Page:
- This bill would examine the rates and ensure a net rate increase of 20% (CPI for this period has gone up 21%). It would provide a cost of living adjustment in each biennial budget to keep pace with the CPI.
- This would provide a statutory rate review process to ensure proper funding for behavioral health services.
5 – An Act to Enhance Workforce Development for Behavioral Health and Substance Use Workers
LR. 1756, Prime Sponsor – Rep. Gay Grant
- This bill will assist with increasing the recruitment, development and retention of workers in the behavioral health and substance use disorder fields.
- Agencies are experiencing significant workforce issues: not able to find properly credentialed staff for the services they offer, high turnover and lots of overtime pay.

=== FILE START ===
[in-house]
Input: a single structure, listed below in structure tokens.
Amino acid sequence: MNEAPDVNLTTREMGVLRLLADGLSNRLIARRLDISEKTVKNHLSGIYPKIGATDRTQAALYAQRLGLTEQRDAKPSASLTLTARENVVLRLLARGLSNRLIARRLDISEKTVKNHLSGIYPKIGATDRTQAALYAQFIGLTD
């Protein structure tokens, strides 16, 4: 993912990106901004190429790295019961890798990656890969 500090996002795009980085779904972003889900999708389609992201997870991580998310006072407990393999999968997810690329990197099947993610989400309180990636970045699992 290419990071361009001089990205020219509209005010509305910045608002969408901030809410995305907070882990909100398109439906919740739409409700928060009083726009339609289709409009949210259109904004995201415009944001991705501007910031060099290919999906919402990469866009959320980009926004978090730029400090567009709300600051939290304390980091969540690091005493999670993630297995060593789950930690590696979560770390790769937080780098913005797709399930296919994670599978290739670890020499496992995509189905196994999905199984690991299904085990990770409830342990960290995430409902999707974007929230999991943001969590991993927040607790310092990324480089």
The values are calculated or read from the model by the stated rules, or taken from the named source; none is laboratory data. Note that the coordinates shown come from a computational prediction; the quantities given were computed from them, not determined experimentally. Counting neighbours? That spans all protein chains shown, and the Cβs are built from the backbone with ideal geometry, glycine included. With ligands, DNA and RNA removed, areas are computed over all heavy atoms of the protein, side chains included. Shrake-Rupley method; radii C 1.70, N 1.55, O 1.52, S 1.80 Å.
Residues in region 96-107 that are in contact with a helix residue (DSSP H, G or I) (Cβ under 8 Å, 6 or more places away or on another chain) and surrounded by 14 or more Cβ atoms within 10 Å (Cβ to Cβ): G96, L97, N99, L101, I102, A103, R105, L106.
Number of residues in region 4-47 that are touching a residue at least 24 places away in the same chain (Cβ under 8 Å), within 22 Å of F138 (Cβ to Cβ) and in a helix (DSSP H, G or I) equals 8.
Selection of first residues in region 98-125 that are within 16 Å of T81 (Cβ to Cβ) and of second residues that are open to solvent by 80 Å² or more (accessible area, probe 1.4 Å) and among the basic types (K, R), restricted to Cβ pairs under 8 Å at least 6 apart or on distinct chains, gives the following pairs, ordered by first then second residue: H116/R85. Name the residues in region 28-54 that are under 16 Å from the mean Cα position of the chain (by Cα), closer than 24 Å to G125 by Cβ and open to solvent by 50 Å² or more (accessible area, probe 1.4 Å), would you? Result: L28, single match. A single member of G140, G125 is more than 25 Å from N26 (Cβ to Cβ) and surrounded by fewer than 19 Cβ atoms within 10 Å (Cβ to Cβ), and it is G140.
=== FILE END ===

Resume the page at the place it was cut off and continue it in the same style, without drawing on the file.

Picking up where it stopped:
- In order to enhance the pipeline for advancement and development of a substance use disorder treatment workforce, this bill streamlines and clarifies the progression of licensure within the field of Alcohol and Drug Counselors.
- Current shortages are preventing the implementation and provision of key services and programs.
- Protecting the safety of employees, streamlining the licensing of professionals as well as additional, directed funding are intended to alleviate the workforce shortage.
6 – An Act to Coordinate Services and Support Workforce Development for Substance Use Disorder Prevention and Peer Recovery Services
LD 447, Sponsor: Senator Joyce Maker
This bill would provide funding for 2 statewide coordinators. One for a substance use prevention network and one for the statewide recovery community organization. It would also provide funding for an annual conference regarding substance use disorder prevention, treatment, and recovery.
- Statewide prevention coordination was one of the Opiate Collaborative recommendations. There are many efforts within the state but the potential for overlapping services or gaps in service is great without coordination.